Here it is, folks! The next Beatdom cover - drawn once again by the wonderful and weird Waylon Bacon!
Charles Bukowski never considered himself part of the Beat Generation; in fact, he frequently disparaged the idea. He wasn’t a joiner, he didn’t like drugs (except booze), and while the Beats haunted San Francisco or New York’s Greenwich Village, Bukowski clung proudly – often on wobbly drunken legs – to his hometown, Hollywood, California.
So Bukowski prowled Hollywood, its dive bars and run-down rooming houses, writing about it exclusively. And if we can accept that, say, Ernest Hemingway was the Clark Gable of American letters – handsome, dashing, muymacho, an outdoorsman and globe-trotter – then Bukowski was akin to Humphrey Bogart.
“His special knowledge was of the jungle of the city at night,” film historian Richard Schickel wrote of Bogart in his 1962 book, The Stars. “Which clubs the syndicate ran, which one-arm restaurants served good coffee, which hotels a whore could use, which streets were safe to walk upon after midnight.” Those words fit Bukowski like a comfortable old jacket. Hollywood, the dark underbelly of it, not the glittering bastion of the Entertainment Capital of the World, was his town.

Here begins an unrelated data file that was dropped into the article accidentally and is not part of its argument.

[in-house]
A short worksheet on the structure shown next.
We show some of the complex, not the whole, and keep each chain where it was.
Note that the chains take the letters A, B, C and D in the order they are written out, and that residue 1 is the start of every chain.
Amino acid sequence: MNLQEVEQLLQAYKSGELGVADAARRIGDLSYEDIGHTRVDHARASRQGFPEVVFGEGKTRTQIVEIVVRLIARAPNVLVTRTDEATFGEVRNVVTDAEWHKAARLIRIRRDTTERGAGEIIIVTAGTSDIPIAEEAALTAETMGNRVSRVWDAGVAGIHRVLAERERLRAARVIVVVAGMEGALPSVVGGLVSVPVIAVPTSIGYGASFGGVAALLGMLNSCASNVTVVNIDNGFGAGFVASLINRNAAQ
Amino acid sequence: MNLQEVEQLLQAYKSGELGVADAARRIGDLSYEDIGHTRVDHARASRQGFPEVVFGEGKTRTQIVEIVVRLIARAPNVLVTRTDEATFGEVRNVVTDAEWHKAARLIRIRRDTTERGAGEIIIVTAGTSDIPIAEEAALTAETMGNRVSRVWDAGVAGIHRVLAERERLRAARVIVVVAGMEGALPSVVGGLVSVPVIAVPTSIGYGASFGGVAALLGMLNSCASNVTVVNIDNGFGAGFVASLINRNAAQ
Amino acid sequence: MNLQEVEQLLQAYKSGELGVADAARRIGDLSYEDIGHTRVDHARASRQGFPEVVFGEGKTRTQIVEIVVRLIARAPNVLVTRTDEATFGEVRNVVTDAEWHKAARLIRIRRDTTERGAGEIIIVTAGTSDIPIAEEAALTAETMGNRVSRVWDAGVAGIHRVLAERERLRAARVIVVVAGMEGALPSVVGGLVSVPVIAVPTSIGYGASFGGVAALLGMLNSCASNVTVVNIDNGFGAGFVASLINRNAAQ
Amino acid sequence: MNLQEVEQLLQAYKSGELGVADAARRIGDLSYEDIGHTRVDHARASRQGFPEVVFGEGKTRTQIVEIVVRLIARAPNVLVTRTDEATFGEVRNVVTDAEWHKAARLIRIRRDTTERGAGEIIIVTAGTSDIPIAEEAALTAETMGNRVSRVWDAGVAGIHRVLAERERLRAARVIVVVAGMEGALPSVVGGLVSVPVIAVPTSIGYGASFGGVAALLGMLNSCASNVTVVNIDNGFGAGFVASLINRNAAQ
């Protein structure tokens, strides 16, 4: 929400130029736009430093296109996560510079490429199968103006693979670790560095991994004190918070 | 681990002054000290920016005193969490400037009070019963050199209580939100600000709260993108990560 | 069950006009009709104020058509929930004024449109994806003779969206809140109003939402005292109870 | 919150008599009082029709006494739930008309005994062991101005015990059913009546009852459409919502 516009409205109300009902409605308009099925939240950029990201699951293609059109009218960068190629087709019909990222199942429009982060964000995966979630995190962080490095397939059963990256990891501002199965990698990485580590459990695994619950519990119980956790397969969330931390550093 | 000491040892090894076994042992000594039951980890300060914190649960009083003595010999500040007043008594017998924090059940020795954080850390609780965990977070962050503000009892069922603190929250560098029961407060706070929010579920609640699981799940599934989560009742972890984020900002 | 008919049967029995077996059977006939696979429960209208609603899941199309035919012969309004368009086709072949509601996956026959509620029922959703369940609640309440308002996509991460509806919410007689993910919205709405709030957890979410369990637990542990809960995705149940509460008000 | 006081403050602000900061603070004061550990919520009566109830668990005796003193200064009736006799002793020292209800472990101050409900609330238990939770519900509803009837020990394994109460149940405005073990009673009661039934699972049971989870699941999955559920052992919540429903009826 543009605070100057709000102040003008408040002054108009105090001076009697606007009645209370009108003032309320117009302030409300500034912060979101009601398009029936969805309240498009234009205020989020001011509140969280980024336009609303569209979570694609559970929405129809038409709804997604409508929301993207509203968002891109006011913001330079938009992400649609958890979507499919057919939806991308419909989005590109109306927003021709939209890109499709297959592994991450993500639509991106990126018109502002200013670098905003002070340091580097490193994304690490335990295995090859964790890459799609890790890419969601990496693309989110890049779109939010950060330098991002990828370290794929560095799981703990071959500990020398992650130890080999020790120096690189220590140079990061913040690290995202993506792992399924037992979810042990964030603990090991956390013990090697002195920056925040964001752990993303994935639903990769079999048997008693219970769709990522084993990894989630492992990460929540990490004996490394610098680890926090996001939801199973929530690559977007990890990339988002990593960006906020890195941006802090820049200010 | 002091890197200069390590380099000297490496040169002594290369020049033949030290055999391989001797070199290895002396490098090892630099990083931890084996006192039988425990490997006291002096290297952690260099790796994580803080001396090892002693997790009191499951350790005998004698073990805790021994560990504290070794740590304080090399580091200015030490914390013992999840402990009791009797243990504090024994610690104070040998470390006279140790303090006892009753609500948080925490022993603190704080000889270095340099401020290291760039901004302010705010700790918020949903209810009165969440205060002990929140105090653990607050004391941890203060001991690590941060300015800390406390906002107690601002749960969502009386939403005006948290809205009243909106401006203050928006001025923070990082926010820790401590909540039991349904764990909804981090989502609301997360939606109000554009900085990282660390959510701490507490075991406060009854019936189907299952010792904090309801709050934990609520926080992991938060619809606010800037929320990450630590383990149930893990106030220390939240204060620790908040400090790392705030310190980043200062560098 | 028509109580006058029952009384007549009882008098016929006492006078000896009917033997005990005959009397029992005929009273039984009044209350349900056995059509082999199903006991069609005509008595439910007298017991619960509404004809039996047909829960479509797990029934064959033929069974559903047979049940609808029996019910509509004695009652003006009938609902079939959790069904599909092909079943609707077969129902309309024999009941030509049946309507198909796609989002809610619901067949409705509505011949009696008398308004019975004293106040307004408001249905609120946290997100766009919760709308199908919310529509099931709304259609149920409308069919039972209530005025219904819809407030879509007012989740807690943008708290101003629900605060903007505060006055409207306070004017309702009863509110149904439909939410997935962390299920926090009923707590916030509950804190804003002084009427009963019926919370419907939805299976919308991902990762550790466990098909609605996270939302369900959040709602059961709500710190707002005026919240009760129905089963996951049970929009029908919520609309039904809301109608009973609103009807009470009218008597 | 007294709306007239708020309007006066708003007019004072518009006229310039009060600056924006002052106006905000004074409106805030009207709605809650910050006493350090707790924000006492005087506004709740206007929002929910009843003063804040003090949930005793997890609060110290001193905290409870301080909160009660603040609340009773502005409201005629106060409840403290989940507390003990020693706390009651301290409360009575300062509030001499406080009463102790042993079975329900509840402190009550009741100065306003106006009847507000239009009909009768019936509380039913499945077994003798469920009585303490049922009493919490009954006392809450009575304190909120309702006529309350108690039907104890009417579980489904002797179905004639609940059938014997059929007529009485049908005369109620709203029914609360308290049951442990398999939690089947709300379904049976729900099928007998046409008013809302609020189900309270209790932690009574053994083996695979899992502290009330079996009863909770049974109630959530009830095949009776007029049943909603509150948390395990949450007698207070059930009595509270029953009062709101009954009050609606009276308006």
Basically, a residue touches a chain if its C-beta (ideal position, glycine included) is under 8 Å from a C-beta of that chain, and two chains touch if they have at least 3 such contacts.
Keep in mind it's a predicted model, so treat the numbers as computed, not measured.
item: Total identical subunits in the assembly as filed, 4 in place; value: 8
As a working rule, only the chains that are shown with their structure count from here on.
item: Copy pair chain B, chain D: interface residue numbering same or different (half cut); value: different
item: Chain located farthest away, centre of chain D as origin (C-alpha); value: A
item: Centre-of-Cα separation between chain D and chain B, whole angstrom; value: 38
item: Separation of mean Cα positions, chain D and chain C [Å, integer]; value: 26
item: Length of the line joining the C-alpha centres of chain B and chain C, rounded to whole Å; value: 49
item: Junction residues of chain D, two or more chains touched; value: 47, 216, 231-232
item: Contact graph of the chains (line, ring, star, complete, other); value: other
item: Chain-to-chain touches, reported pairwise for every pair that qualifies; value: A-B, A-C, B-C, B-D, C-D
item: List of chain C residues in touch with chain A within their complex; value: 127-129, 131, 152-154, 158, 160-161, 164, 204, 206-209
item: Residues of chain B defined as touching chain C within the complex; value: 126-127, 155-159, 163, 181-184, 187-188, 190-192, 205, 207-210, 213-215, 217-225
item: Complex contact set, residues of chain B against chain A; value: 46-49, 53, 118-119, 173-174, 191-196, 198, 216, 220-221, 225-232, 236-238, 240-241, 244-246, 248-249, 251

Home for Bukowski was almost Baltimore; that’s where he and his father and mother landed from Andernach, Germany when little Heinrich was nearly three years old, in 1923. Baltimore had a strong German-speaking working class (it still has), but Henry the Elder, an American soldier who’d served in World War I and decided to stay on in Germany at war’s end, was born and raised in Pasadena. His parents still lived there, so he moved his family West, to what was then the sleepy, dusty village of Los Angeles. In the twenties, the place had more in common with the Mexican pueblos from which it sprang than the undulating, traffic-stuffed, neon-lighted metropolis it would become over the next three decades.